The first results of an anatomical scan of Honnold's brain appear on the computer screen of James Purle, an MRI technique. "Can I go to his amygdala?" We need to know, ”says Joseph. The medical literature describes examples of people with rare congenital features, for example, Urbach's disease - Vita , because of which the amygdala is damaged and degraded. Usually such people do not experience fear, but they have other strange symptoms, such as a lack of respect for personal space. One of these people felt quite comfortable standing nose to nose with another person and looking him straight in the eyes.

Purl scrolls through the images further and further, through the Rorscharkhov topography of the Honnold brain, until with a sudden photobomb a couple of almond-shaped knots appear on the screen. “He has her!” Says Joseph, and Purle laughs. We'll have to look for another explanation of how Honnold is able to climb in the death zone without ropes - this is not due to the fact that instead of the amygdala he has an empty space. According to Joseph, at first glance, the brain looks completely healthy.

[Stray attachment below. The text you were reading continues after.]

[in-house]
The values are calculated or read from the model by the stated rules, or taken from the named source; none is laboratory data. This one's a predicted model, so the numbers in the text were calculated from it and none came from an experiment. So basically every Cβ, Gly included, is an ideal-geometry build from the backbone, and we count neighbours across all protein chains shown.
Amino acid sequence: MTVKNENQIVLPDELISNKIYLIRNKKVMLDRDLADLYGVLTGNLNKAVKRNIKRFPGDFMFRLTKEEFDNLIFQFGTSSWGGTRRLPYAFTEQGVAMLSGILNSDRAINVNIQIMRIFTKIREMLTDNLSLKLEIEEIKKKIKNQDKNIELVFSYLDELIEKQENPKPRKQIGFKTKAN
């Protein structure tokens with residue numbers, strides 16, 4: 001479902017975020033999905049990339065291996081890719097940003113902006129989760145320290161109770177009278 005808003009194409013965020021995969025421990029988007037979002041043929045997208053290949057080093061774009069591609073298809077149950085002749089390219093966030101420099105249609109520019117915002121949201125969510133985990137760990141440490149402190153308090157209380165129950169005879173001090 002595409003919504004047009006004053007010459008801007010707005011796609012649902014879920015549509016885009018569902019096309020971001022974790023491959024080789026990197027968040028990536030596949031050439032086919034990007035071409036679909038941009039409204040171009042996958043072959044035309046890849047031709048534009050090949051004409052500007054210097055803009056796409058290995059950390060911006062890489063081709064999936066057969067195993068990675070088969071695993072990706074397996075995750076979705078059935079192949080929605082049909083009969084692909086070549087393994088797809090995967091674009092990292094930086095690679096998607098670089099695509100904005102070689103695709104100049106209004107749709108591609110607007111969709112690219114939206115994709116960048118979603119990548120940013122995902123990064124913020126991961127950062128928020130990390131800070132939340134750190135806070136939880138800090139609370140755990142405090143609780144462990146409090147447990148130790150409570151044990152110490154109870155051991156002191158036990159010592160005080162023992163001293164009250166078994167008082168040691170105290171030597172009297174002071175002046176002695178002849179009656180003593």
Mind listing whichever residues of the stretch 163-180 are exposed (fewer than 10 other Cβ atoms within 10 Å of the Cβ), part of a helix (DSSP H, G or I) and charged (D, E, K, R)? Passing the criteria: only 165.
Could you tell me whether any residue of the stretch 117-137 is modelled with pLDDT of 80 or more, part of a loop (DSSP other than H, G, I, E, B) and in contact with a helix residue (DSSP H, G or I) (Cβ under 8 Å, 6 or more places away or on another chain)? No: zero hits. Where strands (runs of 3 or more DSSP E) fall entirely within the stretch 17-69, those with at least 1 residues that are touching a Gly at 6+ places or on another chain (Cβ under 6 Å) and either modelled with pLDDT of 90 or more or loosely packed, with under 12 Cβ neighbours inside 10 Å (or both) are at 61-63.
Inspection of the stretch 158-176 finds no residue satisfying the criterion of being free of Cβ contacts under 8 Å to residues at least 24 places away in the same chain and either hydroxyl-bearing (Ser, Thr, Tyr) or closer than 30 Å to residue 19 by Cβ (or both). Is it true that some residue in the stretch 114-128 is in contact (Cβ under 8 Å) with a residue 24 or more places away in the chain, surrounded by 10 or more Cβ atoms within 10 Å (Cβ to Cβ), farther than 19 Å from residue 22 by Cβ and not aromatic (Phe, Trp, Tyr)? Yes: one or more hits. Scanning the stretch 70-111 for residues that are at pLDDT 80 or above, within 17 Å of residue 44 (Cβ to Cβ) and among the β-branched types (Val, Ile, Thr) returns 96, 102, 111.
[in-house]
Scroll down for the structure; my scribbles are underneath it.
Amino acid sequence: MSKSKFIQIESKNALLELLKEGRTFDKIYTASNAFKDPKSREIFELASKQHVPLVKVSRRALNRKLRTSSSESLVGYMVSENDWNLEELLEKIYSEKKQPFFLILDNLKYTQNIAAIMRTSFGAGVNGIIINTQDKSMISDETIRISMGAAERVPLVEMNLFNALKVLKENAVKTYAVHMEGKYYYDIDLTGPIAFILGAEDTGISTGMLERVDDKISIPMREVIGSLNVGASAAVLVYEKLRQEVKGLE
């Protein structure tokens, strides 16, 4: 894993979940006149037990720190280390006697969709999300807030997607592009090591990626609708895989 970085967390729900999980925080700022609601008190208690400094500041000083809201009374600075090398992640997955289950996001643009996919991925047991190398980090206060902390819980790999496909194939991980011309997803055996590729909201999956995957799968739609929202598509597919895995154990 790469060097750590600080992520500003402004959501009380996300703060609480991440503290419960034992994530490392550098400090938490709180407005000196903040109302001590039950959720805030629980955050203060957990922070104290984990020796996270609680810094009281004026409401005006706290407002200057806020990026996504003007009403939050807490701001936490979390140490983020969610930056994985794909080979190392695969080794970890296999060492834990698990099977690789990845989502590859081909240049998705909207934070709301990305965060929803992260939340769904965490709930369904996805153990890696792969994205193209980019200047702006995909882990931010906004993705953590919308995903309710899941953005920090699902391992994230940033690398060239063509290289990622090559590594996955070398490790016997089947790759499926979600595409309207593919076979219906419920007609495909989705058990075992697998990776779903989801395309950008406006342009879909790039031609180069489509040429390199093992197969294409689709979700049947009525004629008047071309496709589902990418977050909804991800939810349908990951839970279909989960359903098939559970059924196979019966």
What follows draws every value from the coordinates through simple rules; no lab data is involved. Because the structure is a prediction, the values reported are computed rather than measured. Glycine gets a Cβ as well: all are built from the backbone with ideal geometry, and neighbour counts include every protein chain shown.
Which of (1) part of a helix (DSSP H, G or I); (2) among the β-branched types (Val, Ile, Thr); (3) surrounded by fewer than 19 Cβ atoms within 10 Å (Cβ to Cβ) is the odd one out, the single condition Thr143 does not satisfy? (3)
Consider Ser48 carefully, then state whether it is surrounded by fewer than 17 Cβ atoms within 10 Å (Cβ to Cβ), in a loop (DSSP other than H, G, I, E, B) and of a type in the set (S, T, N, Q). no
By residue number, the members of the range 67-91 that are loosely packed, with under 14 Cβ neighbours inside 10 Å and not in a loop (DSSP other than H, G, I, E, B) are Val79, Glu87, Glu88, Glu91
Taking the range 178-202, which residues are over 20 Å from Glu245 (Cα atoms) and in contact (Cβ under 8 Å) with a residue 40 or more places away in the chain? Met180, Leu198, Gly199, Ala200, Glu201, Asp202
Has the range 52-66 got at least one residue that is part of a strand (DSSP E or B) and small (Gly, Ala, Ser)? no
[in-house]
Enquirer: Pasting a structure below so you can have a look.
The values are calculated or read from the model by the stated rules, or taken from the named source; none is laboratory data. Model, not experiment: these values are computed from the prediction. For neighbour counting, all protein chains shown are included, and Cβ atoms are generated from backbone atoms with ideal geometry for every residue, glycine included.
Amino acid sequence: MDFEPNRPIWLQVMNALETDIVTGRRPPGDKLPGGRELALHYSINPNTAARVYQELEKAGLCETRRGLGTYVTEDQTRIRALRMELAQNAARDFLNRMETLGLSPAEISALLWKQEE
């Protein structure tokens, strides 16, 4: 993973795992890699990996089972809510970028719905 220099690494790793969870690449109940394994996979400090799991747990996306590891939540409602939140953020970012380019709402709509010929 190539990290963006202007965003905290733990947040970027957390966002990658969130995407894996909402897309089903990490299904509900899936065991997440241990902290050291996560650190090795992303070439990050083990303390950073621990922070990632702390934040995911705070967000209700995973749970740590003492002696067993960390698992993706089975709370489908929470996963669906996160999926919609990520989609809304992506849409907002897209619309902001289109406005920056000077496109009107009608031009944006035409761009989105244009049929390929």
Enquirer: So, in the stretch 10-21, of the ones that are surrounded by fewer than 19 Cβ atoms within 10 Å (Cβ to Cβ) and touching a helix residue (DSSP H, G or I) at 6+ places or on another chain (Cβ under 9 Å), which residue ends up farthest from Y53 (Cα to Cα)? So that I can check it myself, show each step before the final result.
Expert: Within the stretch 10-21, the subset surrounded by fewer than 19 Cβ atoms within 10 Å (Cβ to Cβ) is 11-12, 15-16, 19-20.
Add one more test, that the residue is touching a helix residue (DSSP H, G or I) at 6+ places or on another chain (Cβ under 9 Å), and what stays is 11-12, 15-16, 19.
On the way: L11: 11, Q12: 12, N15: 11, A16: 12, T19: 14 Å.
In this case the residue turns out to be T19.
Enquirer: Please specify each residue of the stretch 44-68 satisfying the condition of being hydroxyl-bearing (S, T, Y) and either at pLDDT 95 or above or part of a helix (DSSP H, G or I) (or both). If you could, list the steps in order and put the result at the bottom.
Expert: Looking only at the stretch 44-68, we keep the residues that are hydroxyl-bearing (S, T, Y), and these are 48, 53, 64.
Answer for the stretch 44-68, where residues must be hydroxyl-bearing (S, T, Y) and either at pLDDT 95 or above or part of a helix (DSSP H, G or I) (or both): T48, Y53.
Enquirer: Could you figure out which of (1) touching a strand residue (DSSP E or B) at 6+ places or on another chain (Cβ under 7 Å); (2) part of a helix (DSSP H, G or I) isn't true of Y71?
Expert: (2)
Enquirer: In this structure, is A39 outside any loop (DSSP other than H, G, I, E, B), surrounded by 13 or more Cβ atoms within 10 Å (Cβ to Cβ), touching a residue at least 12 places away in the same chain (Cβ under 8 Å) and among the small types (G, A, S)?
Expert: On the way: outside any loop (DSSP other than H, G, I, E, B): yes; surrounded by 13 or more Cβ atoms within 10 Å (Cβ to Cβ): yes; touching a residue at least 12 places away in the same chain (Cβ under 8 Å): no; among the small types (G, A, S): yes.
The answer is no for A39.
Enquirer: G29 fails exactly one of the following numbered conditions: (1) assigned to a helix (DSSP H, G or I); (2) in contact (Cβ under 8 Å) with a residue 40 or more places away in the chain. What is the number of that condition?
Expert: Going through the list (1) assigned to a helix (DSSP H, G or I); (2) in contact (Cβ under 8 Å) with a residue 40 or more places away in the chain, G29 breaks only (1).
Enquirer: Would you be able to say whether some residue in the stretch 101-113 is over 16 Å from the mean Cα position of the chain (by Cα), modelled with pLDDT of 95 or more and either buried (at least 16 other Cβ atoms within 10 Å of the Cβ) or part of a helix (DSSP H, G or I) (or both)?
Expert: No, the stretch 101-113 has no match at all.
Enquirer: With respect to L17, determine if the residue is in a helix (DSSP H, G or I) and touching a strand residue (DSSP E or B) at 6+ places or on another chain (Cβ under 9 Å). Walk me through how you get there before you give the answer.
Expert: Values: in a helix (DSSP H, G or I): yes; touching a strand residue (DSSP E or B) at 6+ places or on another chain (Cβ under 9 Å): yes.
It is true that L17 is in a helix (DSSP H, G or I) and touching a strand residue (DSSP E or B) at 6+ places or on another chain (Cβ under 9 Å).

In the tube, Honnold looks at a set of about 200 rapidly changing images. Photos should scare him or lead to a state of excitement. “At least in other people they cause a vibrant response in the amygdala,” says Joseph. “I myself cannot look at some of them.” The set includes corpses with bloodied and twisted faces, a toilet with waste products, a woman shaving a bikini area, and a couple of photos with rock climbers.

“Maybe its amygdala doesn't work — and it has no internal reactions to these stimuli,” says Joseph. “But he can have such a polished regulatory system that he can simply say to himself: 'Well, I can feel it all, the amygdala works,' but at the same time its bark is so powerful that it can calm him down.”

There is a more existential question: “Why is he doing this? She says. - He knows about the threat to life - I am sure that people tell him every day about it. Perhaps there is some serious reward system, the pleasure of these experiences. "